December 30, 2008
Busy Year For Natural Disasters
According to Munich Re, one of the world's largest re-insurance companies, 2008 was one of the most devastating years in terms of natural disasters.
The company said the effect of the disasters was greater than those in 2007.
According to Munich Re's annual assessment, there were fewer "loss-producing events" during 2008 than in 2007, although the impact of the disasters was greater.
Last year saw more than 220,000 casualties due to flooding, earthquakes, and cyclones, the most since 2004.
Global losses totaled nearly $200 billion.
The losses make 2008 the third most expensive year on record behind 1995, the year of Japan's Kobe earthquake, and 2005 when Hurricane Katrina struck the U.S. Gulf Coast.
"Climate change has already started and is very probably contributing to increasingly frequent weather extremes and ensuing natural catastrophes," said Torsten Jeworrek of Munich Re.
According to Munich Re, Asia was the hardest hit continent during 2008.
China's Sichuan province was struck with both an earthquake which left nearly 70,000 dead and cyclone Nargis which struck Burma killing an estimated 130,000.
According to Munich Re, Nargis and the Sichuan quake also brought a large sum of uninsured economic losses.
The US claimed the most expensive single event in 2008 in the form of Hurricane Ike. The storm brought $30 billion in losses.
Yet, Ike was only one of five major hurricanes in the North Atlantic over the year, which saw a total of 16 tropical storms.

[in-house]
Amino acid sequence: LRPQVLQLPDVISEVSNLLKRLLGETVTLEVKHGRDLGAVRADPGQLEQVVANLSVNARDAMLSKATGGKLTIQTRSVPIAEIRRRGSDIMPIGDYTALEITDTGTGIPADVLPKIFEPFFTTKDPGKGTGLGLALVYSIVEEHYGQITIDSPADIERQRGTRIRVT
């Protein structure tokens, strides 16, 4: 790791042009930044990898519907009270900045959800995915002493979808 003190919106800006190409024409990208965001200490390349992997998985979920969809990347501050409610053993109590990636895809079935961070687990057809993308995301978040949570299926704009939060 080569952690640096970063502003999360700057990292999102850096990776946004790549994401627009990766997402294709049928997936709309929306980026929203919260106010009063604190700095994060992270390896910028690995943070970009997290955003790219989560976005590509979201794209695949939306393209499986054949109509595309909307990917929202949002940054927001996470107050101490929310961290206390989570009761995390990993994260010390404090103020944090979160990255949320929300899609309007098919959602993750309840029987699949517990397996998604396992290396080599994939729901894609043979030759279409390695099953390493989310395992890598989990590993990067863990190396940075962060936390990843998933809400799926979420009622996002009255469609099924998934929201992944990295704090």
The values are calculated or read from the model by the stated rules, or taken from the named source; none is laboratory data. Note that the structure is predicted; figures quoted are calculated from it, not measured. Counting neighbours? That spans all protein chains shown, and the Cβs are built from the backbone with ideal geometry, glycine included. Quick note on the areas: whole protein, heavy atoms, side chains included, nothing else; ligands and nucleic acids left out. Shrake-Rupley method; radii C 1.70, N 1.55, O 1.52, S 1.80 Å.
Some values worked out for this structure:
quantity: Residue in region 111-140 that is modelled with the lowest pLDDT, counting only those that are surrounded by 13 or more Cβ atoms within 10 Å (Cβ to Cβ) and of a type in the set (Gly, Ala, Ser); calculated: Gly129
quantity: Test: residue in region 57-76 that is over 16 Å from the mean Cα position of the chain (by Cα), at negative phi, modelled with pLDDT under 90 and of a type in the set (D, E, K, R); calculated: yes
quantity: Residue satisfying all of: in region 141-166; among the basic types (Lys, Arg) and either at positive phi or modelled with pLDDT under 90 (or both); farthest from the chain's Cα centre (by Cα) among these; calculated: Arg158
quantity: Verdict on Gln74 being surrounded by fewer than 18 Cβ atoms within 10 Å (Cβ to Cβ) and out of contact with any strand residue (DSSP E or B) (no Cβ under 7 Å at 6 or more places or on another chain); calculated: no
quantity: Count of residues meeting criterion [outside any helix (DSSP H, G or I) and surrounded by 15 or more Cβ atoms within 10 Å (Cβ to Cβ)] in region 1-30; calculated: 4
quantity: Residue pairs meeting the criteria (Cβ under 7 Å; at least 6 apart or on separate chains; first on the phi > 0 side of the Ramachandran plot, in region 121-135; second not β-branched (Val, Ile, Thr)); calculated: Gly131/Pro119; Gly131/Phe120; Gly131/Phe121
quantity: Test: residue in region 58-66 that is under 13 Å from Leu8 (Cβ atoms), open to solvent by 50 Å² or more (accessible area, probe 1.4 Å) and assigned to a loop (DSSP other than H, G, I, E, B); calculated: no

The company says 1,700 tornadoes ripped across the US and caused several billion dollars of damage, as did periods of low pressure weather activity in Europe.
Munich Re highlighted World Meteorological Organization (WMO) figures showing that 2008 was the 10th warmest year since reliable records began. That means the 10 warmest years on record all occurred in the past 12 years.
"It is now very probable that the progressive warming of the atmosphere is due to the greenhouse gases emitted by human activity," said Professor Peter Hoppe, head of Munich Re's Geo Risks Research.
"The logic is clear: when temperatures increase there is more evaporation and the atmosphere has a greater capacity to absorb water vapor, with the result that its energy content is higher.
"The weather machine runs into top gear, bringing more intense severe weather events with corresponding effects in terms of losses."
The company said world leaders must put in place "effective and binding rules on CO2 emissions" to curb climate change and ensure that "future generations do not have to live with weather scenarios that are difficult to control".
"If we delay too long, it will be very costly for future generations," said Jeworrek.
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